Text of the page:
The implication is clear: since school aid has been defeated “solely by the mechanical arrangements of Congress,” it can be passed only by changing those mechanical arrangements. Unless or until Congress reforms its archaic way of doing business, and allows a majority to work its will freely, there can be little hope of passing the kind of progressive legislature which the country so clearly needs.
Bendiner is not, of course, alone in holding this view. Senator Joseph Clark has made similar suggestions in his new book The Sapless Branch, and there have been dozens of books and articles by distinguished journalists and scholars in the same vein. Bendiner’s effort to prove the hypothesis by examining a particular case in detail is clearly useful. The evidence he presents, however, is not entirely persuasive.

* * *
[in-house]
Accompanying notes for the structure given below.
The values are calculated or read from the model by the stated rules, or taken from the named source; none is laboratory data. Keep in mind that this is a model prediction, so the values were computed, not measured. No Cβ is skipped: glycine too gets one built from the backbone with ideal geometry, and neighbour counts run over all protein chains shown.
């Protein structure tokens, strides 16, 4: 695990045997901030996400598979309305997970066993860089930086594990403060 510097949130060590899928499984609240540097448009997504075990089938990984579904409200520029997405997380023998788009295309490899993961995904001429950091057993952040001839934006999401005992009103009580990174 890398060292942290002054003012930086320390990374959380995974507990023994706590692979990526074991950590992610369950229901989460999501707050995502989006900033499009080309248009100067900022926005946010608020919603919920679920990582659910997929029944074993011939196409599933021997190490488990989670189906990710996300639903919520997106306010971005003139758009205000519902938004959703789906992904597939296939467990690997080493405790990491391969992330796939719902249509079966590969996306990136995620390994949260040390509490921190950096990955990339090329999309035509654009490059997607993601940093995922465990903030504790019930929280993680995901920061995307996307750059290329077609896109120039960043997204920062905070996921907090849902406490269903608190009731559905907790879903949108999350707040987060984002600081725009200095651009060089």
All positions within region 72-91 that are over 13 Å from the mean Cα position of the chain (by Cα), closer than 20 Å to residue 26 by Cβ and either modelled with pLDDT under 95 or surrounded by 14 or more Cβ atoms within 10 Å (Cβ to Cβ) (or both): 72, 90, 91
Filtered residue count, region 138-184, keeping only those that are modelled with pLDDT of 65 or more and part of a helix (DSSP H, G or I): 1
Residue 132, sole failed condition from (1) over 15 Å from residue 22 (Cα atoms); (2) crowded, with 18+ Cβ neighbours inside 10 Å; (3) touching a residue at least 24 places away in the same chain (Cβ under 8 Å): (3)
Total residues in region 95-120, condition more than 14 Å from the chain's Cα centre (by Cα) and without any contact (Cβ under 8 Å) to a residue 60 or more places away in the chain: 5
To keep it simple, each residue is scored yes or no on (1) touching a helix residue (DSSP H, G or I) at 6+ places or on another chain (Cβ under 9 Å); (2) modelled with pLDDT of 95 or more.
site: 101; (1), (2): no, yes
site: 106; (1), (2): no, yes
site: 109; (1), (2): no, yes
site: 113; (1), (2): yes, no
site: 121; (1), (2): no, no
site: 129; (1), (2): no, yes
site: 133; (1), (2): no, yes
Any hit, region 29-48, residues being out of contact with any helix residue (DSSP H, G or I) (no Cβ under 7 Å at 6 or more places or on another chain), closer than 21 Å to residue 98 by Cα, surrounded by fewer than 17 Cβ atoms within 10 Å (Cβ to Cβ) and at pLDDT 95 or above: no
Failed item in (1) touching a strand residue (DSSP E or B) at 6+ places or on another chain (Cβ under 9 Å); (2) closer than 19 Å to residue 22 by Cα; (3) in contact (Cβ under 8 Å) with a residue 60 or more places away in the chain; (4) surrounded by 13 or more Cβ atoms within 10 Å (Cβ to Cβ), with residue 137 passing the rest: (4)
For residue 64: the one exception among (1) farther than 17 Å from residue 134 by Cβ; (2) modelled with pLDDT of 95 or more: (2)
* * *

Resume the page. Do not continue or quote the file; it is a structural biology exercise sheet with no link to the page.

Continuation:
First, there is a question of fact. Is the machinery of Congress really controlled by a minority? A superficial glance suggests that it is: most of the key committees are chaired by Southerners; choice committee assignments go to Southerners in disproportionate numbers; the chairman of the almost omnipotent House Rules Committee is Howard Smith, a Virginian who owes his seat to the Byrd machine. One must ask, however, how these Southerners retain power if they do not follow the will of the majority. The pat answer is that Southern influence rests on the seniority system. But why do Northern Democrats accept this system? Not because they are mindless traditionalists opposed to all change, and not because they lack the wit to conceive alternatives. Rather, they support the seniority system because the alternatives do not seem as likely to increase the power of the liberal block as outsiders maintain.